“We spent pretty much two years doing charity projects,” said Ei. “We didn’t know many charity agencies during this time, and looking for them online was very difficult. I had a whole team looking for charity partners. I didn’t want to reinvent the wheel.”
While setting up the talent agency, which was intended to draw talented people in to help with charitable causes, he sought assistance from law firms to start up a non-governmental organization (NGO), but oddly enough, Ei found that some of the biggest law firms here just didn’t have enough experience to set up an NGO, and often gave incorrect advice.
“From what I understand, it’s not so difficult (to start an NGO),” said Ei. “People do start up their own charities and NGOs here, regularly. It’s not difficult, you just have to do your research and find the right information partners. But for our activity, which was talent-based, using talent for doing social good, that’s what we are doing for Blue Sky, it needed to be a company.”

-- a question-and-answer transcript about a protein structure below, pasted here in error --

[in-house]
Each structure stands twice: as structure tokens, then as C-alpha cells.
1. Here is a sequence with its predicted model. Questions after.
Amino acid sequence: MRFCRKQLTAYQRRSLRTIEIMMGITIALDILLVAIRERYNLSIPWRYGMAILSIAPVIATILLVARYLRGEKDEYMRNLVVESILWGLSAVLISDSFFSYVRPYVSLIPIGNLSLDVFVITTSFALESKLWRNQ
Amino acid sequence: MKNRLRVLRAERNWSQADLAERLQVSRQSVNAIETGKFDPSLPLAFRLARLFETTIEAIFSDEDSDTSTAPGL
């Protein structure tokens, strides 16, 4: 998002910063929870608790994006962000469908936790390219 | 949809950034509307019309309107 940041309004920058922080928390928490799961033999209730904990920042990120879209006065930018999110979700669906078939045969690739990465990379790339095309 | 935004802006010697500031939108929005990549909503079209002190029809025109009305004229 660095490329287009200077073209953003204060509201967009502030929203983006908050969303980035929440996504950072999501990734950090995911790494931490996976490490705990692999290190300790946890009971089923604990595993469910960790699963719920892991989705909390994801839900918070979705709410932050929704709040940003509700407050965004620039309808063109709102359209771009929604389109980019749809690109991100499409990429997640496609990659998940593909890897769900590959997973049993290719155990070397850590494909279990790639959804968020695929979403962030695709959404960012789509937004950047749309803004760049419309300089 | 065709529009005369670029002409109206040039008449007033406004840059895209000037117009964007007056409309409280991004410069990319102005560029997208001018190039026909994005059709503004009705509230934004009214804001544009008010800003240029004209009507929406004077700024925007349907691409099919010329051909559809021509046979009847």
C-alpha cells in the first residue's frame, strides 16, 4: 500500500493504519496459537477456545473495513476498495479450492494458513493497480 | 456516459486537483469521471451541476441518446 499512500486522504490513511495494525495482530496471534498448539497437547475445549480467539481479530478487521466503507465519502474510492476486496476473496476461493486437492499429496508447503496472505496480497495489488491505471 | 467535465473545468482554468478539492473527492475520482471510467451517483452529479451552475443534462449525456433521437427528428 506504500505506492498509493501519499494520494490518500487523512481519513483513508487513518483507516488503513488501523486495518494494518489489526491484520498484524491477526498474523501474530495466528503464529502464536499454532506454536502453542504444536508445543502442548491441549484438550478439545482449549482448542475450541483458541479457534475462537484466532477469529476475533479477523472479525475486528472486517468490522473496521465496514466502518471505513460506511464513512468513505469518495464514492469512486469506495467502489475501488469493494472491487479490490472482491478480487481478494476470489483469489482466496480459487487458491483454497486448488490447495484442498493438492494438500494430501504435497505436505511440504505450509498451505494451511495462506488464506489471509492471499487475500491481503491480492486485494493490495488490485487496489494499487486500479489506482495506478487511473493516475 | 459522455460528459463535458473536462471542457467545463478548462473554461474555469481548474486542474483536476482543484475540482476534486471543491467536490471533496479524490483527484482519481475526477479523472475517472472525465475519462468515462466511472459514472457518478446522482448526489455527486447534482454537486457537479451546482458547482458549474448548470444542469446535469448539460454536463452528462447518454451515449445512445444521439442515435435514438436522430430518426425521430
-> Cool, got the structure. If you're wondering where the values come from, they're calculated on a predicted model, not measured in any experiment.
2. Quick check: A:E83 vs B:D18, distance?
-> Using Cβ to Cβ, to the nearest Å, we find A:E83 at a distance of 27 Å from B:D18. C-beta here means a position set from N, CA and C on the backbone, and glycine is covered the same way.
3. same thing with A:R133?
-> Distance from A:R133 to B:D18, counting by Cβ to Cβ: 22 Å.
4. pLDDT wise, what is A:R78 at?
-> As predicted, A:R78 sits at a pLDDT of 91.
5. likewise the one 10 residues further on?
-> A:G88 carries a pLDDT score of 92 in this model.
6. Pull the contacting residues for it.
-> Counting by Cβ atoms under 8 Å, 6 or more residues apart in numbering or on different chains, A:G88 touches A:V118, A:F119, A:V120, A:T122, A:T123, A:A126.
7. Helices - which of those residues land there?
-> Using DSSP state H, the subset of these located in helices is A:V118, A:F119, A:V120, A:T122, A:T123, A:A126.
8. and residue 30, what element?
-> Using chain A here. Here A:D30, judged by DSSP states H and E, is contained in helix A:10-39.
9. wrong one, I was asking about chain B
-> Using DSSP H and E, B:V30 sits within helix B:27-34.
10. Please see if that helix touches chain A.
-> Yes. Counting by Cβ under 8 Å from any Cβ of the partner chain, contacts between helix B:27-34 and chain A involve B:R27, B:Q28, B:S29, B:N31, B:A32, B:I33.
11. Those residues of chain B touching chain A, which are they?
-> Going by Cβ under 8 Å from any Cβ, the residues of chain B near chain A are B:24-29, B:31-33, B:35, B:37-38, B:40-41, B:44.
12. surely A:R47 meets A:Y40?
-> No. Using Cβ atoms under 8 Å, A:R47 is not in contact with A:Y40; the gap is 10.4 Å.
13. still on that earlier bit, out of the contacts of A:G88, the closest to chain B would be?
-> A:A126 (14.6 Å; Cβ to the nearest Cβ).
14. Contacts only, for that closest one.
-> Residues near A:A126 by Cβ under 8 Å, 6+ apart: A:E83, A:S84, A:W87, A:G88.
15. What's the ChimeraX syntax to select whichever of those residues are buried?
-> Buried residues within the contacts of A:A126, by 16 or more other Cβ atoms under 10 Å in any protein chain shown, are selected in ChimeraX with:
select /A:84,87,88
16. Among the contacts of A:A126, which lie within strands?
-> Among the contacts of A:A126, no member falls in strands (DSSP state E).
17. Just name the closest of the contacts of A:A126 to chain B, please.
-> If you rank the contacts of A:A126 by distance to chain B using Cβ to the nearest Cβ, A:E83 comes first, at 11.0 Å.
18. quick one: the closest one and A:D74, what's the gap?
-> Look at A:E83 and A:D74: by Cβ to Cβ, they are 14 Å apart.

For Ei, this is something of an experiment, a real-world lab in doing good through charitable causes. “Belarus has the resource, it has the ground to practice all of this, and model all of this into a good program,” he said. “But it’s not just for here. This is where I can try it, get it right, and then deploy it in other places, especially developing areas.”